A squeal of excitement, a welcoming smile and a curious and anxious mind is commonly found among third graders participating in a new interactive agricultural education program, entitled “Ag Education on the Move.”
Ag Education on the Move is an interactive ten-week program that teaches students about food and farm families. The program involves regional educators, who visit classrooms once a week for ten weeks, to discuss food, nutrition, and how farmers provide them with every day products.
They are especially excited for their agricultural lesson, says Mrs. Carroz, a third grade teacher from Hannibal, Mo., who participated in the education program this fall. “Students looked forward to each lesson and learned about concepts that impact their daily lives. We are surrounded by agriculture, but our students know little about it,” Carroz said.
On their first day, students take an introductory quiz to determine what they know about agriculture, how and where their food is produced, and general items about crops and livestock. Students are encouraged to identify their favorite foods, and indicate where they believe it was produced. At the conclusion of the ten-week program, students complete the same quiz to monitor their progress.
One of the important concepts of the program is allowing students to experience hands-on agriculture. Students see, taste, smell, and touch agriculture. Whether it is tasting dairy products or smelling feed samples, students interact in a way that leaves a lasting impression.
Students create edible soil profiles when learning about soil conservation, as well as bread in a bag, trail mix feed rations, and on the last day students make pizzas while identifying where ingredients come from and their “real time” production.
Ideally, taking students and teachers to a farm would create the greatest experience of all, but time and resources are limited. Virtual tours are the next best thing and students take a virtual tour of a poultry, pork, beef, and a dairy farm. They learn about modern housing and animal health and welfare, feed, and crop systems. Students also identify farming equipment involved in producing and harvesting crops. Farmers take students around their farm to discuss temperature controlled housing, feed, animal care, and what happens to the product once it leaves their farm.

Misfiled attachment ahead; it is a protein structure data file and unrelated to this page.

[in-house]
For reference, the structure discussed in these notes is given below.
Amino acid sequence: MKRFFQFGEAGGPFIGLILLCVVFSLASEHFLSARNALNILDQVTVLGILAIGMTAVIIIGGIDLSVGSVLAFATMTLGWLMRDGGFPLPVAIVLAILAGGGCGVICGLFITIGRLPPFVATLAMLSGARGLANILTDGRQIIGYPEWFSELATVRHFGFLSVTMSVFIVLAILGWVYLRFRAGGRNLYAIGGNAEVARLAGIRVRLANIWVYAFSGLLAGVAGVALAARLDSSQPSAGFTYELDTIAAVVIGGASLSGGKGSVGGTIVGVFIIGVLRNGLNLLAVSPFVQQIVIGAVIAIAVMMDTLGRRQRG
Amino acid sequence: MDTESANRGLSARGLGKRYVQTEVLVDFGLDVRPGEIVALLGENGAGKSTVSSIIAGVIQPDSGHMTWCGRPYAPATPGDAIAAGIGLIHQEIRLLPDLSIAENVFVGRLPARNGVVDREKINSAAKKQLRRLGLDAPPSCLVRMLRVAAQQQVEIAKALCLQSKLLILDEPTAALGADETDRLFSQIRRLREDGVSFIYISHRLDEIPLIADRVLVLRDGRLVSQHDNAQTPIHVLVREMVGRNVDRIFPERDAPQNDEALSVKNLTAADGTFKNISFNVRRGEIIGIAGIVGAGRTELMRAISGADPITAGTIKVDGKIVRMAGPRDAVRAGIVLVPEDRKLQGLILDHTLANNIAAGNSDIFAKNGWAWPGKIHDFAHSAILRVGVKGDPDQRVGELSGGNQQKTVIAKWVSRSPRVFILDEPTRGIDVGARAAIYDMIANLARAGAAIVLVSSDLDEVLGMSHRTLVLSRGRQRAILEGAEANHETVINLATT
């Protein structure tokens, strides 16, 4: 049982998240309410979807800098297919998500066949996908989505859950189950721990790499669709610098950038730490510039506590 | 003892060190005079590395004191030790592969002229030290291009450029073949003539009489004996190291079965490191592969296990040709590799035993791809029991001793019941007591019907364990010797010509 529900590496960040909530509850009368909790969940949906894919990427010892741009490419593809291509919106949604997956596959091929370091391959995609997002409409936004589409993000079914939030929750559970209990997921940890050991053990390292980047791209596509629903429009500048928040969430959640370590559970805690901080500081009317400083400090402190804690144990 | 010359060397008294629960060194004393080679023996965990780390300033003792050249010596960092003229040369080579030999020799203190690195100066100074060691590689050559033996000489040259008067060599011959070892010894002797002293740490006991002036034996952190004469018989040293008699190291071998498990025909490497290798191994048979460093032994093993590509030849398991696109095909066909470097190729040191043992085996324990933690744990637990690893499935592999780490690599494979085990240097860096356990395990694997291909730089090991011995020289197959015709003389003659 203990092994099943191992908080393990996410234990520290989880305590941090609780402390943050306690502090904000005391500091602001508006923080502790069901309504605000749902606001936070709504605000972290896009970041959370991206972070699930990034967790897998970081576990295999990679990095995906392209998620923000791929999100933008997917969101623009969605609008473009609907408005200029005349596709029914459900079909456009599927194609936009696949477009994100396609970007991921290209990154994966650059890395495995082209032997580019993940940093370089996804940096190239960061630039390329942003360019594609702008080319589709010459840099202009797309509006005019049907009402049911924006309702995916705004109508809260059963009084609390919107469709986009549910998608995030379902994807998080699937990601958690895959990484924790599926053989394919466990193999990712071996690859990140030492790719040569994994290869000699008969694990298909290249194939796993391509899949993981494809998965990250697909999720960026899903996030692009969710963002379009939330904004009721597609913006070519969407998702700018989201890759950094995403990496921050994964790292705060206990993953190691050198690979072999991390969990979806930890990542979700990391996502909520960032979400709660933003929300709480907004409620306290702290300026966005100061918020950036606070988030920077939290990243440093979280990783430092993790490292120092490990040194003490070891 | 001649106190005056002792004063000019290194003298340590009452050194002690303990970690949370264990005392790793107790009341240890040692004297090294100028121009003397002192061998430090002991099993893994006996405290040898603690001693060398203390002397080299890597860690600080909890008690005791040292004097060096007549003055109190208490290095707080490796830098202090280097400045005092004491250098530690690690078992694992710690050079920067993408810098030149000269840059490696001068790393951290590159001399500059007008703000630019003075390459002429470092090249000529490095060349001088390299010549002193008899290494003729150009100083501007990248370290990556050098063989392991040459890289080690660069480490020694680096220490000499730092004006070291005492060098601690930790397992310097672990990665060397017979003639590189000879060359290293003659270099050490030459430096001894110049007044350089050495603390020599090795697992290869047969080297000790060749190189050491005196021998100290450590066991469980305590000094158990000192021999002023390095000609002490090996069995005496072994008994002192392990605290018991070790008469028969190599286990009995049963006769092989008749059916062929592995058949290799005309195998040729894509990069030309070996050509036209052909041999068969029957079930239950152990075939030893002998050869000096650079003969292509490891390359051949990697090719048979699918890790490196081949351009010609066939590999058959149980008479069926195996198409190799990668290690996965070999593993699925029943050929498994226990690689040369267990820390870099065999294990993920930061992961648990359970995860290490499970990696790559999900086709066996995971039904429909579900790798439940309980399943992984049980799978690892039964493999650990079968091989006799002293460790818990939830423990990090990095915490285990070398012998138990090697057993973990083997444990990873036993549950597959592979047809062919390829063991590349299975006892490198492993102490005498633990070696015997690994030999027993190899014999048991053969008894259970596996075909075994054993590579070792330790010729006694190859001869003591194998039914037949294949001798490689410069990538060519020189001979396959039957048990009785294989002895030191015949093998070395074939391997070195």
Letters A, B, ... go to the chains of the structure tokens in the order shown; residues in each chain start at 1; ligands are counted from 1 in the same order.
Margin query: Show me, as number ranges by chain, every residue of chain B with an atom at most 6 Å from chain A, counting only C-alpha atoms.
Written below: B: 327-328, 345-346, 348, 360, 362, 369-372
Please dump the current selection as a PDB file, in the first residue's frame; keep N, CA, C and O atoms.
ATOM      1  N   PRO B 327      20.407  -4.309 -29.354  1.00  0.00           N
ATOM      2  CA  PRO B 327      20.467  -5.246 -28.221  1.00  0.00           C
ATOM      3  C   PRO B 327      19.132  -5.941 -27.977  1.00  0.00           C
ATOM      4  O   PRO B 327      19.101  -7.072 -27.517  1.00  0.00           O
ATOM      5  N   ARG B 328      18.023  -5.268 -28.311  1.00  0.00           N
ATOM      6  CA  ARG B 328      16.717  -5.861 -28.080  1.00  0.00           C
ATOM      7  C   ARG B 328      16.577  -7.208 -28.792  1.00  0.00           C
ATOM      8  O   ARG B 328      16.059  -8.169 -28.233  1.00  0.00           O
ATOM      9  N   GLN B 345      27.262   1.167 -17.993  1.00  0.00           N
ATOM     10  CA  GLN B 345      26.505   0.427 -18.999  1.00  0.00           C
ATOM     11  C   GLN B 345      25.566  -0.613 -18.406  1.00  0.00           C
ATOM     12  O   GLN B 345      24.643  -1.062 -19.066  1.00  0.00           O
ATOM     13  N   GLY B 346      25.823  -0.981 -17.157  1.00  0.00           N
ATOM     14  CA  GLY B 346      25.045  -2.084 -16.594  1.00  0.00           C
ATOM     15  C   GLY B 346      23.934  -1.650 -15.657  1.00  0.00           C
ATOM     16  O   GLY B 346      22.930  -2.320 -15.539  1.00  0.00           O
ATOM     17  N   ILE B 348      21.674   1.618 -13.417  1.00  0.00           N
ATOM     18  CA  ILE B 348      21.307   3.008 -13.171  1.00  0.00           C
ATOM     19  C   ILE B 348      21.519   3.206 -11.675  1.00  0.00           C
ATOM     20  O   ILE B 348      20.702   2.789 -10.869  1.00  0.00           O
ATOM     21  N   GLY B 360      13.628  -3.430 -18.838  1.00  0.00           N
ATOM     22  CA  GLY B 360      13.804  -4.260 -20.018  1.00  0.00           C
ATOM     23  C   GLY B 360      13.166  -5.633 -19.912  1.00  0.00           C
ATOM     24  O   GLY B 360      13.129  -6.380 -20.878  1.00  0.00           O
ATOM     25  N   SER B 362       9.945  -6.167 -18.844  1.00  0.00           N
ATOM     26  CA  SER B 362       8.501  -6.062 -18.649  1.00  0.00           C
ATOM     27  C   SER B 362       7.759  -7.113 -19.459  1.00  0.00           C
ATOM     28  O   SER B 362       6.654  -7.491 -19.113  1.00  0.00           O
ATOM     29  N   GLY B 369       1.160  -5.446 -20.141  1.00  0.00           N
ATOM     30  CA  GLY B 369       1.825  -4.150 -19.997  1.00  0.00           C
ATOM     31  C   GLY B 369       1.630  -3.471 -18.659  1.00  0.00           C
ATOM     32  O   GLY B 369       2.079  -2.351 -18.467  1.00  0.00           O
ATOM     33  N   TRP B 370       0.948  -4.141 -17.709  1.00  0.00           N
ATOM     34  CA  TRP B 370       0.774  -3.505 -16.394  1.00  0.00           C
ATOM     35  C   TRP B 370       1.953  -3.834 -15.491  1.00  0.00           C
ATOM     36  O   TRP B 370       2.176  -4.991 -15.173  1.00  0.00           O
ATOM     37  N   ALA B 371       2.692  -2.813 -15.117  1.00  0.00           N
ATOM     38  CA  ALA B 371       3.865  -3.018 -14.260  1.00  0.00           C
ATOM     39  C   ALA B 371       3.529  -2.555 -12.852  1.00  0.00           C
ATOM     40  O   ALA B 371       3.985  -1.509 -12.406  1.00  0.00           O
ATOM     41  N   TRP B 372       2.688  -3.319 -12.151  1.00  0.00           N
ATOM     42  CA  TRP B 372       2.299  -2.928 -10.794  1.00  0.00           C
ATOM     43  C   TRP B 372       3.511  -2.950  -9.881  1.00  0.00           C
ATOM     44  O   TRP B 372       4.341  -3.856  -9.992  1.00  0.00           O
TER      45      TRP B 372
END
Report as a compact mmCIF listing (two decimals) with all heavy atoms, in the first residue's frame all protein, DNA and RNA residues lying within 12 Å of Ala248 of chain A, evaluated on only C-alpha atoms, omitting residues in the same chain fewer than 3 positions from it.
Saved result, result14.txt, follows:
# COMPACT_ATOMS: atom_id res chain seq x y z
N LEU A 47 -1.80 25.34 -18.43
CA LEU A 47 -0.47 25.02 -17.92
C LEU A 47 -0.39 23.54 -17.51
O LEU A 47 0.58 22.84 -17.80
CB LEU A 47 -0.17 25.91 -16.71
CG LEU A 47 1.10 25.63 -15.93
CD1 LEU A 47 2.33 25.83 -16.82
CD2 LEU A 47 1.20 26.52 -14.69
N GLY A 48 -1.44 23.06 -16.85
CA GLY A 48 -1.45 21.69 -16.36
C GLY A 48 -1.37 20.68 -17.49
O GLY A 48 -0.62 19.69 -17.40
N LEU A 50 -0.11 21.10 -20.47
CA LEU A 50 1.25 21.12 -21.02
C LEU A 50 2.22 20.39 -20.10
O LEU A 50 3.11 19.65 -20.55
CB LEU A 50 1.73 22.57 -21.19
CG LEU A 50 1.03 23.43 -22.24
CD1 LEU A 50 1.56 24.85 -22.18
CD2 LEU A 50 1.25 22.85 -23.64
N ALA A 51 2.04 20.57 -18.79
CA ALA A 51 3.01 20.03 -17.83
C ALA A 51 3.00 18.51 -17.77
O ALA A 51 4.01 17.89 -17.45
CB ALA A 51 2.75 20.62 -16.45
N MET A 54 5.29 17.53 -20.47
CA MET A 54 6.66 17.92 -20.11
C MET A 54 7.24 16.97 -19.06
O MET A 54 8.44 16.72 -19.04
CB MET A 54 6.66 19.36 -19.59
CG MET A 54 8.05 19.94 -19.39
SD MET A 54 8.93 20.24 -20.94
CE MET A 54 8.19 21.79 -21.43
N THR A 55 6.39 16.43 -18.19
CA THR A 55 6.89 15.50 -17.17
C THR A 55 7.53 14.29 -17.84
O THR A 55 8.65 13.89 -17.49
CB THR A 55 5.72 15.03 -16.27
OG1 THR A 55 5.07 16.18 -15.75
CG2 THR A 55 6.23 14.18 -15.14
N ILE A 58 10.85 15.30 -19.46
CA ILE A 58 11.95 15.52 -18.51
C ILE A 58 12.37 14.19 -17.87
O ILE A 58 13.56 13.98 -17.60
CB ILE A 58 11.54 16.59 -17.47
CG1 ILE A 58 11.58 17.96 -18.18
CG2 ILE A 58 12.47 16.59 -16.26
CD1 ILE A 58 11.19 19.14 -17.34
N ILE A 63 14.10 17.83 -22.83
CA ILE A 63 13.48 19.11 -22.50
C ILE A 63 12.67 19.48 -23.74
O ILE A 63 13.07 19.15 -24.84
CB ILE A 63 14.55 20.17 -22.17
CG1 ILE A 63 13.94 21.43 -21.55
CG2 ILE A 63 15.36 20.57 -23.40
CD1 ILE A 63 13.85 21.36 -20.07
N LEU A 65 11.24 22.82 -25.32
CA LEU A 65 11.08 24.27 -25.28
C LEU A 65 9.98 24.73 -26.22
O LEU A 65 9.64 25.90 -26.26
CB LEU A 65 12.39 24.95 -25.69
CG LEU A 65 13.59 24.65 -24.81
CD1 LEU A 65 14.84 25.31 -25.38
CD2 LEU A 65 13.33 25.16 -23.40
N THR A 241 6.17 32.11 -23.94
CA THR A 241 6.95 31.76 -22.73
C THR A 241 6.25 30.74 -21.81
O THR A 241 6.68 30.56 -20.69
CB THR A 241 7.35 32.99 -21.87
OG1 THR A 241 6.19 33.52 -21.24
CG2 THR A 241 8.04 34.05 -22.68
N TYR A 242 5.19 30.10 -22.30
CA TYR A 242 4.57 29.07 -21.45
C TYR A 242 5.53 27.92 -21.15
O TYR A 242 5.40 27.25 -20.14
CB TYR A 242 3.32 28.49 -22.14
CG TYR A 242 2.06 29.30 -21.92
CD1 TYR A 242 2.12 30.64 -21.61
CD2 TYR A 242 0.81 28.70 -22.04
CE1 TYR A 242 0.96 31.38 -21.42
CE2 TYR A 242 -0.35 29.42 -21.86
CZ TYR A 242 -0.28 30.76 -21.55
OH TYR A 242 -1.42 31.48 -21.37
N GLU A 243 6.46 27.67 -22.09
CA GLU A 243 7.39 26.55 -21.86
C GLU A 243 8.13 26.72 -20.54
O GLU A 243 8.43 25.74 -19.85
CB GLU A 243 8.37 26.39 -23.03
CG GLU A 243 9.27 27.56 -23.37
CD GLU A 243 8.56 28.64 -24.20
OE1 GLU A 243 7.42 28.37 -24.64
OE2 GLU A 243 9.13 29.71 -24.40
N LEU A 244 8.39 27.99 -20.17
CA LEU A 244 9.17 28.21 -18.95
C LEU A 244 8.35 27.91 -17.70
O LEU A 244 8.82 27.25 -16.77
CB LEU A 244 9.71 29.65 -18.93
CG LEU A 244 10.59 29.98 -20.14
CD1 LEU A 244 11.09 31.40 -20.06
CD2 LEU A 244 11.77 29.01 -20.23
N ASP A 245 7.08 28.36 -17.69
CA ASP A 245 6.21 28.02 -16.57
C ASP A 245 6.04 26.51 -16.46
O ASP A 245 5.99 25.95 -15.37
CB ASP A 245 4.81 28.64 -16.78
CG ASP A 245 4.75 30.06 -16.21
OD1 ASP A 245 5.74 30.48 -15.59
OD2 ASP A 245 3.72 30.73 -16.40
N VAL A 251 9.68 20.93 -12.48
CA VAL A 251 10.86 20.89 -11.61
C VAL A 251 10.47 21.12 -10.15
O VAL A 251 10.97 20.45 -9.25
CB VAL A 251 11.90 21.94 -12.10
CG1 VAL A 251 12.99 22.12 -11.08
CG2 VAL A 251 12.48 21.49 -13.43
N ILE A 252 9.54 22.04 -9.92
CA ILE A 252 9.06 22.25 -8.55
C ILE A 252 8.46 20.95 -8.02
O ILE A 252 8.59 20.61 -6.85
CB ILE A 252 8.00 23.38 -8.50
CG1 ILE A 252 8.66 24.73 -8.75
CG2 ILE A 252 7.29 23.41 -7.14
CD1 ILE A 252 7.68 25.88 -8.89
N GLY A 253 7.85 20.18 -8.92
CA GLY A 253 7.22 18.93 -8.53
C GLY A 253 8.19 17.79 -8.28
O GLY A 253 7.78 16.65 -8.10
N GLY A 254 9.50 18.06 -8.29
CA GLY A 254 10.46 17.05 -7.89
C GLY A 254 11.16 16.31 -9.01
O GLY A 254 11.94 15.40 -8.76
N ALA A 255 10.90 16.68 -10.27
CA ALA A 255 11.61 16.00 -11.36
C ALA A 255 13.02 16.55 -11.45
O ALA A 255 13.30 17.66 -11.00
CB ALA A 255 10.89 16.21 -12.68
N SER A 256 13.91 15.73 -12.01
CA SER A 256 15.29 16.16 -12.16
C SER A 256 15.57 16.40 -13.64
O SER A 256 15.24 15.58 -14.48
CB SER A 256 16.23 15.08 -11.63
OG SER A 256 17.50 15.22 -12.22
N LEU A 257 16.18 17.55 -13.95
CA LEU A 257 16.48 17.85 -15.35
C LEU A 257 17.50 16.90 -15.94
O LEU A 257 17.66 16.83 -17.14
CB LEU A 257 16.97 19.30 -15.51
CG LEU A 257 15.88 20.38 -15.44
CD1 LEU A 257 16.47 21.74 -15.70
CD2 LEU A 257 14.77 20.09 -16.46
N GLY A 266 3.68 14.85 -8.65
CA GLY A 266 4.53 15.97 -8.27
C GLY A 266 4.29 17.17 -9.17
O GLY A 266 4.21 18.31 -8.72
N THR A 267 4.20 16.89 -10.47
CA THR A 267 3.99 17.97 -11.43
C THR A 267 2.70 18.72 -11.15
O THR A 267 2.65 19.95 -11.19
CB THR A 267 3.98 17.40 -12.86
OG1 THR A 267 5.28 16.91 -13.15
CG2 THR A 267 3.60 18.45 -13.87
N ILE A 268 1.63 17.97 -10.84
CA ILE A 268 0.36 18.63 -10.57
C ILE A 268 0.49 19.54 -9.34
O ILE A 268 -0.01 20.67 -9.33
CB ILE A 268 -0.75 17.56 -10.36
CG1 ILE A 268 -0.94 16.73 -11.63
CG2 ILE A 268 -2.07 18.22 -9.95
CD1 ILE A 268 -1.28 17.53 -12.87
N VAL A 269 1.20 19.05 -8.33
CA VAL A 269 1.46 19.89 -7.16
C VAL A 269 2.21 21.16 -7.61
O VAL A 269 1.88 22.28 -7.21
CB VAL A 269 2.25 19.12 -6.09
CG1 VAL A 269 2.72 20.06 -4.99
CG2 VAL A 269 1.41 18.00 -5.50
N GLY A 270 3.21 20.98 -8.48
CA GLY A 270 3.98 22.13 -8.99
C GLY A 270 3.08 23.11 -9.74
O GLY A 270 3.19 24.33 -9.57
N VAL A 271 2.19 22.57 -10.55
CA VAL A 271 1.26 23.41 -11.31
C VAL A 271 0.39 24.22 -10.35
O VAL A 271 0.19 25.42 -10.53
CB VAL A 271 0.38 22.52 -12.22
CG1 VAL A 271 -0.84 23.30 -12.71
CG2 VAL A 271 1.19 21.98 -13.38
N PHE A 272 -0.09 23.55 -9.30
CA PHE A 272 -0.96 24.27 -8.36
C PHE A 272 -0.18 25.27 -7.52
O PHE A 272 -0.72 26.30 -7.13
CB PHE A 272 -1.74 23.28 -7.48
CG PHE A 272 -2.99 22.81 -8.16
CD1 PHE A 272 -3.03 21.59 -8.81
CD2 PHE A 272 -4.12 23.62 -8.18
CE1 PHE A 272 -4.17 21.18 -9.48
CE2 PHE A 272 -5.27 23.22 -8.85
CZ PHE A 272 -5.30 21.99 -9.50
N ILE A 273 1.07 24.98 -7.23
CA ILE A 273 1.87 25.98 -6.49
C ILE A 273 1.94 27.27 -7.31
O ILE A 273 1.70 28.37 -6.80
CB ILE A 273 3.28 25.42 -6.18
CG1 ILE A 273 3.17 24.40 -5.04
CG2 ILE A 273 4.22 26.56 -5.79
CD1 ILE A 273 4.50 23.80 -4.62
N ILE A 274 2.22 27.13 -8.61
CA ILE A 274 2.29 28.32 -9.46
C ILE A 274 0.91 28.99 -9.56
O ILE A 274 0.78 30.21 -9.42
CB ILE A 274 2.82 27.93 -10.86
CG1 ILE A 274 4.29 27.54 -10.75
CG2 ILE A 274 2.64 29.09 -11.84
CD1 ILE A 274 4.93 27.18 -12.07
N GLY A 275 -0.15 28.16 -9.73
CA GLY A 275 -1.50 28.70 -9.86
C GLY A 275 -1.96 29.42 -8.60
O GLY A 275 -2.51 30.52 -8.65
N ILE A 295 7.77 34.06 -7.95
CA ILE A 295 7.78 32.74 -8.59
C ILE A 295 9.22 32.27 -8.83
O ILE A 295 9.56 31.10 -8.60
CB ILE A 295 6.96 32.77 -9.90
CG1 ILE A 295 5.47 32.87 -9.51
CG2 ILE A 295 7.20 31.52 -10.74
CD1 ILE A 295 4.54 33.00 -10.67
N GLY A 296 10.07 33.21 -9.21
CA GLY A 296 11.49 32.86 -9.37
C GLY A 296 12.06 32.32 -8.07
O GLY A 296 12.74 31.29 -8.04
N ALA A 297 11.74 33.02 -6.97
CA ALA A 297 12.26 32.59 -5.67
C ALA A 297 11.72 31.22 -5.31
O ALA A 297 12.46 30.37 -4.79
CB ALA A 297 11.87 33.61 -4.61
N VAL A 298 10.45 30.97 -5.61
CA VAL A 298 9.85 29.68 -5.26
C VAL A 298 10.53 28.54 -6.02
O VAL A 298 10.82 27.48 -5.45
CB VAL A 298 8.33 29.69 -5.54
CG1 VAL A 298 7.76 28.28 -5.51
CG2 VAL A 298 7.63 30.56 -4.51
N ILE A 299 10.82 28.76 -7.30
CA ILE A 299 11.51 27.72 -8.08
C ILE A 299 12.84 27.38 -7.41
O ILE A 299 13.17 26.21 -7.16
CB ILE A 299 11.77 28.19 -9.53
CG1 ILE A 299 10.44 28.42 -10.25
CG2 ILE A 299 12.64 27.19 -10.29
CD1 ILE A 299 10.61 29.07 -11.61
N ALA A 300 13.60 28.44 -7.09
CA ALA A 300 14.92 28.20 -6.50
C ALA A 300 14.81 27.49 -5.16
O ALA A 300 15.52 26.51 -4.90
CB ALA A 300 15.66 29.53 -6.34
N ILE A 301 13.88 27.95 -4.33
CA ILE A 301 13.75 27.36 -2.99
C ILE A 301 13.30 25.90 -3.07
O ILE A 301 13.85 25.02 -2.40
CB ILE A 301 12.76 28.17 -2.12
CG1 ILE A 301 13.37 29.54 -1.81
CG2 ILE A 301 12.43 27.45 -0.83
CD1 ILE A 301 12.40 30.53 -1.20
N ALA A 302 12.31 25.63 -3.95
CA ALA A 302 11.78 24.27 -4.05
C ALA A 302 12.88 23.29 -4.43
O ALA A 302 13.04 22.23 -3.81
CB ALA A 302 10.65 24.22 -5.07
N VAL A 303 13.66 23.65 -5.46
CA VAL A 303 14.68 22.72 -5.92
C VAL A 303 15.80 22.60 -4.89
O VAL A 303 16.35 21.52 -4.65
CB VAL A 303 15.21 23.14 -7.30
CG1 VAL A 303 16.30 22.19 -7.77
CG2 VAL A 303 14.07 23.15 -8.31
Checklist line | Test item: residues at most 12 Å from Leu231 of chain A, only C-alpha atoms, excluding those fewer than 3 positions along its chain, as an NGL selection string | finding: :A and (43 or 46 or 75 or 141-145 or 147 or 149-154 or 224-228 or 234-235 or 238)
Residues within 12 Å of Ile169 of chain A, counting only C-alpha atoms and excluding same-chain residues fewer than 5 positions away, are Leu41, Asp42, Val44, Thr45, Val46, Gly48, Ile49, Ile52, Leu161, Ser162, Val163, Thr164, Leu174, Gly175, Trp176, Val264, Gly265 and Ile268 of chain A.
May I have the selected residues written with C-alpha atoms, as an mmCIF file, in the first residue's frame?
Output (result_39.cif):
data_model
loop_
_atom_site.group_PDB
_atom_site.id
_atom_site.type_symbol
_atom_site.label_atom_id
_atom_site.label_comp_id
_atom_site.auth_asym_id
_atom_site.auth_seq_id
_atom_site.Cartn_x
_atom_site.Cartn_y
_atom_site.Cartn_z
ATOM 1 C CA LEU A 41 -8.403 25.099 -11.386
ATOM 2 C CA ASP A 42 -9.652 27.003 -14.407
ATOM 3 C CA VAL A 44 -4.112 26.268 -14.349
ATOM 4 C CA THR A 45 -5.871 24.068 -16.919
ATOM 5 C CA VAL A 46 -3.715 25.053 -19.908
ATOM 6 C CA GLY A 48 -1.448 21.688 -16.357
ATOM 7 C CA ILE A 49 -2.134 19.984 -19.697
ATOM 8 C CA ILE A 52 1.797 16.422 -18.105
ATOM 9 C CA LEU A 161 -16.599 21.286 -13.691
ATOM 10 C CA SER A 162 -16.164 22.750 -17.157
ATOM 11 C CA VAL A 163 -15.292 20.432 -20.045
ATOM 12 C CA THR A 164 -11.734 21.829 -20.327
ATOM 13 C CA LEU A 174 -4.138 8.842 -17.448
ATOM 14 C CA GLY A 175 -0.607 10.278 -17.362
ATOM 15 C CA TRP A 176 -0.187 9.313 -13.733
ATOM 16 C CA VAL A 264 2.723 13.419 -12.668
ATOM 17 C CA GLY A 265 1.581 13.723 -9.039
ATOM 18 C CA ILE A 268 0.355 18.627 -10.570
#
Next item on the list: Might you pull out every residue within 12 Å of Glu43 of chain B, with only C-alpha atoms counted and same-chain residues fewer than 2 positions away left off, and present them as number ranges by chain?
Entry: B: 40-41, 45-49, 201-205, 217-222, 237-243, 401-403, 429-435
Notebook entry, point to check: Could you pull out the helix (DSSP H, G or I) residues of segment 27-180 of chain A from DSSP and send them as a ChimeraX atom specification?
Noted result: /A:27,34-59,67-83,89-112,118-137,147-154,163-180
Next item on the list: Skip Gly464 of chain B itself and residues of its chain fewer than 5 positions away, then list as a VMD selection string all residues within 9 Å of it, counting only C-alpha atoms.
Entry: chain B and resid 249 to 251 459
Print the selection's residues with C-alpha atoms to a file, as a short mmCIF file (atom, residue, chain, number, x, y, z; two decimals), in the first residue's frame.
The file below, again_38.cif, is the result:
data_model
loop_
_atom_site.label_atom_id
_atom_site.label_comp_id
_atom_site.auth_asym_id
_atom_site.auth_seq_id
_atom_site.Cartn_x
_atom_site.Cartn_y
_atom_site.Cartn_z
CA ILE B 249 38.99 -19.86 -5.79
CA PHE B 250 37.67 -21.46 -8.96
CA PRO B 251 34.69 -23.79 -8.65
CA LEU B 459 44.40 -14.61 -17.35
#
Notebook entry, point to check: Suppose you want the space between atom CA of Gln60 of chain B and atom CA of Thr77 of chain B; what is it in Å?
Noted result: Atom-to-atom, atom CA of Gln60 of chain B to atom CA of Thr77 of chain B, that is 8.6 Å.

Ultimately, students develop an understanding of how farm families work hard to ensure they provide safe and wholesome food. “It is important we put a face with their food,” said Amanda Smith, an agriculture education student at the University of Missouri and an educator for Ag Education on the Move. “It is amazing how much students learn over a ten week period. On their tenth week, they are overflowing with information and so excited to share. It is a rewarding and enjoyable experience.”
Missouri Farmers Care is working to expand the program to include more urban schools and communities in the future. “The students loved it and learned so much,” said Jane Kruse, a third grade teacher at Westran Elementary.
Program curriculum objectives meet Missouri State Standards. Teachers and parents also receive educational packets with an adult and consumer perspective.
Ag Education on the Move will begin its second semester this spring in over twenty schools. Educators, under the direction of Missouri Farmers Care, will continue to work together to provide an educational experience for third grade students across the state.
For more information on the program, to receive agricultural lesson plans, or to participate in the program, please contact Missouri Farmers Care at info@MOFarmersCare.com.